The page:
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ECCE and the UN Convention on the Rights of Persons with Disabilities

Bernard Heldt, vice president of ECCE, writes in this article about the development and the work of the European Co-operation in Anthroposophical Curative Education and Social Therapy.

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Trauma of war

Successful emergency education action in Lebanon creates basis for further work … >>

Trauma of war

Successful emergency education action in Lebanon creates basis for further work

Von: NNA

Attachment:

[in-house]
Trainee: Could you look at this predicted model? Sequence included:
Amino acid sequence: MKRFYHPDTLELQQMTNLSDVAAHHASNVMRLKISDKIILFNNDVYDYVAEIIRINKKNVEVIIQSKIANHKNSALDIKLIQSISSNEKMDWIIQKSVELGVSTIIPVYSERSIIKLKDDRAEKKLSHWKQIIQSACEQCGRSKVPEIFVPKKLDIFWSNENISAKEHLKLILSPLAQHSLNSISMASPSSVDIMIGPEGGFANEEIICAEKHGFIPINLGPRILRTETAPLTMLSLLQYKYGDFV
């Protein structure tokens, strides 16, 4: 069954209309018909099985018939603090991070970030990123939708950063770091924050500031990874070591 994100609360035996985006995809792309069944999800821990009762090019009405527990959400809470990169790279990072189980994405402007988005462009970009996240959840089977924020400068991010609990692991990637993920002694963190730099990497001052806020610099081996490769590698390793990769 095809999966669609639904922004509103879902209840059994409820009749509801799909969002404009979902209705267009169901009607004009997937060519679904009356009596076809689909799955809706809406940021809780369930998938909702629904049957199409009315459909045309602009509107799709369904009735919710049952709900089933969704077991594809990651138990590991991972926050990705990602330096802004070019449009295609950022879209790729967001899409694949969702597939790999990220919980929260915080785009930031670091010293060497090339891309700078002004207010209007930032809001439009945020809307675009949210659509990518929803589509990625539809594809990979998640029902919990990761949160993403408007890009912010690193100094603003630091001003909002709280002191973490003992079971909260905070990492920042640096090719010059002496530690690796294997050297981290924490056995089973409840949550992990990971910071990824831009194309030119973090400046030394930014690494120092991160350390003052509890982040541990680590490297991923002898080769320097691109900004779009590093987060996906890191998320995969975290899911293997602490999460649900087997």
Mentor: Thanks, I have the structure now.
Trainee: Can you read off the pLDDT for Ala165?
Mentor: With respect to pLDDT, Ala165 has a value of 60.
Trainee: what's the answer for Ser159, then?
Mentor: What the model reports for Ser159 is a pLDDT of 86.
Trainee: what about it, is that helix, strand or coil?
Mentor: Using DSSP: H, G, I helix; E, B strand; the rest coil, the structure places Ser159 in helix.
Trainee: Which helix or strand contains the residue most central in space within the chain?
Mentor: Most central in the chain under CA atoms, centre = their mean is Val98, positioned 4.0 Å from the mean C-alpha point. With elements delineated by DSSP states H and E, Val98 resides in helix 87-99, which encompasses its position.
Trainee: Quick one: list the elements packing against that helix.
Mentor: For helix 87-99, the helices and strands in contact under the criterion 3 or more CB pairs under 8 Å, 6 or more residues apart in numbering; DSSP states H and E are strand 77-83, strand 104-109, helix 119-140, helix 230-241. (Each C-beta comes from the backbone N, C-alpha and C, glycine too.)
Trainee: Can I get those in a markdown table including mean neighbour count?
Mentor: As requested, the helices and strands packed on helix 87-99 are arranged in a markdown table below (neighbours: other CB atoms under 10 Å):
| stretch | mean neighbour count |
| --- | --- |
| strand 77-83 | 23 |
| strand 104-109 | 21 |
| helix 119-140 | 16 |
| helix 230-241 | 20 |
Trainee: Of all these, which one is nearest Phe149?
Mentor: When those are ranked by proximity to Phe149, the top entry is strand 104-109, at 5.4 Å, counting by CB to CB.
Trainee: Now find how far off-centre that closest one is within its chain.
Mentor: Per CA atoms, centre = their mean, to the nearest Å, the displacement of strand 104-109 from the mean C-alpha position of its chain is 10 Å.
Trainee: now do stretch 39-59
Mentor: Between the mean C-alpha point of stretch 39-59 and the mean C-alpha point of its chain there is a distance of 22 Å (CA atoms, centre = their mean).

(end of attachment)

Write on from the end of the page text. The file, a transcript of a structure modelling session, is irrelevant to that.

BEIRUT (NNA) – In the Shatila und Borj al Barajne refugees camps in Lebanon, children of Syrian refugees are trying to cope with the trauma they have suffered as a result of the horrific events in the civil war in their home country. Every year, millions of children experience traumatic events. Most of them have to cope with their experiences and memories on their own. Even after years have passed, such unresolved traumas can evoke symptoms that profoundly disturb the development of children and adolescents.  By providing stabilising actions on the basis of Waldorf education, emergency education tries to aid traumatised children and adolescents in war zones and disaster areas, by showing ways to process the traumatising experiences. That is what the emergency education team of the international Waldorf organisation Friends of Waldorf Education specialises in doing and in August they were in action again in Lebanon. In Shatila and Borj al Barajne near Beirut, the emergency team from the Friends of Waldorf Education, supported by „Aktion Deutschland hilft“, organised workshops for children affected by the civil war Syria. The team also offered training to Syrian and Lebanese child care workers and established a long-term cooperation with Syrian NGOs. Not only do the children have to cope with the trauma of war, they are also under stress through the confined conditions in the camps and the adult cargivers close to them are themselves suffering from the after-effects of their experiences in a war zone, say the Friends of Waldorf Education. In the workshops, creative activities aim to support the psychosocial stabilisation of the children and prevent post-traumatic stress disorders. Some 100 children participated in the activities in both camps. The workshops were held in kindergartens in cooperation with the “Nazma Learning and Ressource Centre”. “The children really enjoyed taking part in the varied programme. When they were painting, as well as during movement and trust-building exercises, they gradually thawed and were diverted from their otherwise difficult lives in the refugee camps,” the Friends explain. In parallel to the work with the children, the team, with the support of the Lebanese NGO “National Institute for Social Care and Vocational Training (Beit Atfal Assumoud)”, also organised training for educators. The aim is to keep the momentum of the emergency education going once the immediate deployment has finished. Twenty teachers and educators, some of them also working with aid organisations in Syria, made use of the training. Existing contacts mean that further emergency education deployments are planned in Damascus, Tartus and Hama to reach children there. “We are very pleased that during our deployment we were able to build cooperations for a longer term engagement in the region,” Bernd Ruf, leader of the team executive board member of the Friends, explains. END/nna/cva Item: 131015-02EN Date: 15 October 2013 Copyright 2013 News Network Anthroposophy Limited. All rights reserved. 

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